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In the world of Facebook, Twitter, Instagram, Pinterest and all things social media, some of us are reserved, and some of us are glued to our smart phones. Some don’t have much reserve at all when it comes to what they share on Facebook. And that’s all fine. But it’s imperative that you know what you can share and what you can’t share on social media if you are in the middle of a divorce. Your social media accounts, if necessary, will be investigated by your spouse’s divorce attorney. It’s very common. They’re looking for evidence to use against you, and even seemingly benign posts can end up hurting your reputation in the context of a divorce. A damaging post can affect the outcome of division of marital property, allocation of parental responsibilities, and child and spousal support payments. There are several ways your spouses divorce attorney may use information you post on social media against you in your case.
For some of us, it feels like somewhat of a pull, especially during a contentious divorce, to vent out your feelings to a friend regarding your divorce. You may make derogatory remarks regarding your soon-to-be ex-spouse. Even electronic communications, such as emails, can be used as evidence against you during court. Bitter comments regarding any matters revolving your divorce or your spouse can make you appear socially unstable or hateful. A divorce attorney may highlight this behavior and use it against you in the matter of child custody.
Many of us love showing the world of social media what we do on vacation and during social outings. During a divorce, this is not a good idea. Is suggests you have disposable income and lucrative assets, even when that’s not actually true. These photos may show a contradictory depiction of your financial standing. Your spouse’s divorce attorney can use these photos, which may be contradictory in nature, to sway the court’s decision on matters such as spousal support, child support, or property allotment.
Some people may look down on those dating while going through a divorce. There are opposing sentiments about it. If you do decide to date during a divorce, it’s best not to advertise it. It could call into question your personal morals. If you have children, it’s best not to bring this your new partner around them. For one, it could truly confuse a child to see their mother or father dating someone else when they’re still not fully understanding of divorce and what it could mean for their future. Secondly, you could end up dating someone you don’t fully know everything about. What if they’ve been in trouble with the law? If your spouse’s divorce attorney finds evidence that you are with someone else – especially anyone who has been in trouble with the law – this could hurt the matter of child custody in your divorce case.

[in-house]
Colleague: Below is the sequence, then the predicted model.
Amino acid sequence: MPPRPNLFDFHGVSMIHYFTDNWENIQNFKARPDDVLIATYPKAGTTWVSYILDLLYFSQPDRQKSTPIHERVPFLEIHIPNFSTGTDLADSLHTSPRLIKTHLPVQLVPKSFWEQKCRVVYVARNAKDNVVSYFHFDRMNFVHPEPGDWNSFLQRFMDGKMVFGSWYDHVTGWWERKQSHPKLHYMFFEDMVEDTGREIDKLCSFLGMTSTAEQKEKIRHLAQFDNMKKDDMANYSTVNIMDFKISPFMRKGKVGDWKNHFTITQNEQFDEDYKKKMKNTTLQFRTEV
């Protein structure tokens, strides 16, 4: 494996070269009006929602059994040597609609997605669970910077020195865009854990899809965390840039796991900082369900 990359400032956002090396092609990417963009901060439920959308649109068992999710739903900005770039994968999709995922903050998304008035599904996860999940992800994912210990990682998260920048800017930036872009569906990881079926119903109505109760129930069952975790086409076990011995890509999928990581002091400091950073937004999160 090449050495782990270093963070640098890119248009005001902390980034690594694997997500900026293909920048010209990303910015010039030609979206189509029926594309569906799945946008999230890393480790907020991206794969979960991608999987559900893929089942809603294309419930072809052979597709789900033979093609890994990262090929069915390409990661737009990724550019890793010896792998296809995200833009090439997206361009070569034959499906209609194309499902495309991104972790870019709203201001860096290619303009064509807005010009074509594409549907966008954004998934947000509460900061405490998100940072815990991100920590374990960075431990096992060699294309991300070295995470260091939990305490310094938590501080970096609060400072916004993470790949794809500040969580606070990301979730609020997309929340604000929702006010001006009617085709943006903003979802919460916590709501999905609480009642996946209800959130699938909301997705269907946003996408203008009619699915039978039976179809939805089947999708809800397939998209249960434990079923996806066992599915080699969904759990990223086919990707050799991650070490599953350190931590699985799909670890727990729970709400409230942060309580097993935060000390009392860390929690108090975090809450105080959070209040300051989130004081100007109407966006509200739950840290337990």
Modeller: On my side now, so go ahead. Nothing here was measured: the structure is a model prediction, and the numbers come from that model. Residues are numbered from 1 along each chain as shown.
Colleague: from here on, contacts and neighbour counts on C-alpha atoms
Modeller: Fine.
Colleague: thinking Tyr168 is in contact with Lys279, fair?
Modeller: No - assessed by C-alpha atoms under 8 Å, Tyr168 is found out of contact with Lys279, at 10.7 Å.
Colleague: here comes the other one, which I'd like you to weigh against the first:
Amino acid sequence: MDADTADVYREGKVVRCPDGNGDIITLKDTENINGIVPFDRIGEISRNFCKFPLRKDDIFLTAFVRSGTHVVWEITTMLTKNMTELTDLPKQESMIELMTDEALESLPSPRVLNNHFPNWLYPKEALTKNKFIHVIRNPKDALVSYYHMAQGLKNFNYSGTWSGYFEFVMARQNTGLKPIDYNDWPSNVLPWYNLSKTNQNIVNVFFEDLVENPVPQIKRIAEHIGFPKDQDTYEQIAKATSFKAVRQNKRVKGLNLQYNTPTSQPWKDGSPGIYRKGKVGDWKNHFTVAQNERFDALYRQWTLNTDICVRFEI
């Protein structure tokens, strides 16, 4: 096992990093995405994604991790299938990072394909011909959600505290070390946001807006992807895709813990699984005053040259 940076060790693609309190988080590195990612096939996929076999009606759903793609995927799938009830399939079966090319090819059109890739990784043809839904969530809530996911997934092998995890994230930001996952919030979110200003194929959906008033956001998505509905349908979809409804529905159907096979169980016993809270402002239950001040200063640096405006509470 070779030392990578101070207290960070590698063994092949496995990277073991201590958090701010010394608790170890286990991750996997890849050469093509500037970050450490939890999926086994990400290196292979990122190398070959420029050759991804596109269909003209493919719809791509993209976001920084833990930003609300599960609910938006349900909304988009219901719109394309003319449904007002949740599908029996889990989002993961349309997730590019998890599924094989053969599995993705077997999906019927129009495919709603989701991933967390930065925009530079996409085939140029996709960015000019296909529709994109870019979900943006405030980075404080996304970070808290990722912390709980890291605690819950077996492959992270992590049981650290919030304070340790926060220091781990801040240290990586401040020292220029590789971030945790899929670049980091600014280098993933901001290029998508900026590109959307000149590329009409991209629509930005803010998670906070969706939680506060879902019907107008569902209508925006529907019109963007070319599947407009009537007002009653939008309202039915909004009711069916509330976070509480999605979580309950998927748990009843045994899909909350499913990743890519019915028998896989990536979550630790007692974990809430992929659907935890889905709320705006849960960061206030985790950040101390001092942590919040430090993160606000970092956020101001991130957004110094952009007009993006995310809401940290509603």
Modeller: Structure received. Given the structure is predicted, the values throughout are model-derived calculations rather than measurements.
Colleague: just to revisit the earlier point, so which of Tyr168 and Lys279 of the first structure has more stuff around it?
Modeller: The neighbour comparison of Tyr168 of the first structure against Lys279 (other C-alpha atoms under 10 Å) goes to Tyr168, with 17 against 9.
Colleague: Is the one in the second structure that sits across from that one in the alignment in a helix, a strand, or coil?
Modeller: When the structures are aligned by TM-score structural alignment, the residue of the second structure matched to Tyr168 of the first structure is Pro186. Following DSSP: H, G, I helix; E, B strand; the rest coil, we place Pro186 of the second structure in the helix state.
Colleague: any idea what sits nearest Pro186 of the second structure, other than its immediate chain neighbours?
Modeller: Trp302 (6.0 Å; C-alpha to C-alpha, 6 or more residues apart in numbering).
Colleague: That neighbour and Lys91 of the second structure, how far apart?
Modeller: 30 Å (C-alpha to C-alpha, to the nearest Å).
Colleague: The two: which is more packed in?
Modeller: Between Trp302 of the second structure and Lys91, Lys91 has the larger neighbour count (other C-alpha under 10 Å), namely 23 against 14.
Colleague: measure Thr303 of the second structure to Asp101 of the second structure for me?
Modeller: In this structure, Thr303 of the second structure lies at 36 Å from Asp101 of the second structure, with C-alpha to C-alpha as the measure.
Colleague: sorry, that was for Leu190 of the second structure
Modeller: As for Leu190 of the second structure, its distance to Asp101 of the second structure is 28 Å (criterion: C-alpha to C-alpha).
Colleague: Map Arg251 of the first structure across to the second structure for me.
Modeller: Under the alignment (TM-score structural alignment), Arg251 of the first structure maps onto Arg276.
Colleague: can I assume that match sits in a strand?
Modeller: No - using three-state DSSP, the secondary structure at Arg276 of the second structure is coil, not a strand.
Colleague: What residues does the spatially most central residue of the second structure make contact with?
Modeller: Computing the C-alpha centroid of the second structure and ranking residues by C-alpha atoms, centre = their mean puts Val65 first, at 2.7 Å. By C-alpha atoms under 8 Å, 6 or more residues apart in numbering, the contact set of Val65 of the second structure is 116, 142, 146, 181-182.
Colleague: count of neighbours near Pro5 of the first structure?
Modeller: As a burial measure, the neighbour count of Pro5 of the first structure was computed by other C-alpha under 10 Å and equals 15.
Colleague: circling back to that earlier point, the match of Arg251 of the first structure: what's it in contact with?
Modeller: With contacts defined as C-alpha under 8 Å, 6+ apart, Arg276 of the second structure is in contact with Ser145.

You may be driven to use social media during a divorce. It can help you get back out with friends, see what the world has to offer for you – there are plenty of benefits. It’s extremely important, however, to keep some of your affairs off social media during a divorce case. Do not delete your social media accounts without consulting with your attorney first.
We have heard about communications on Facebook and other social media networks being used as evidence in divorce cases. We have also read about the impact of social media on relationships and divorce. However, yet another association between social media and divorce has emerged in New York.
The New York Daily News reported that a New York Judge allowed a Brooklyn woman to use Facebook to serve divorce papers.
This was a landmark ruling delivered by Manhattan Supreme Court Justice Matthew Cooper. A nurse named Ellanora Baidoo had been unable to locate her elusive husband, Victor Sena Blood-Dzraku. The judge permitted her to send a private message through Facebook to serve the husband with the divorce summons. Ellanora’s attorney would repeat the transmittal once a week for three consecutive weeks or until the husband acknowledged receipt of the summons.
The couple was from from Ghana, and the husband had participated in a civil wedding ceremony in 2009. However, he backed out of the traditional Ghanian wedding ceremony that they had also planned. The wife had wanted both families there. Their marriage was never consummated, and the husband and wife never lived together. Even so, Blood-Dzraku apparently did not want a divorce. He only kept in touch with his wife through Facebook and by phone. His whereabouts were unknown and he vacated the apartment of his last known address in 2011. When his wife spoke with him on the phone, he told her he had no permanent address or employment and refused to make himself capable of being reached. The post office had no forwarding address for him either.
Keeping up with the times, the judge’s ruling provided a solution and set a precedent for other New York divorce cases.
An experienced Long Island divorce lawyer like Chris Palermo can help you overcome the challenges involved with divorce. Work with a compassionate lawyer who can help you make the right decisions and strive for a favorable outcome.
Huntington, NY Divorce Lawyer talks about Social Media in Divorce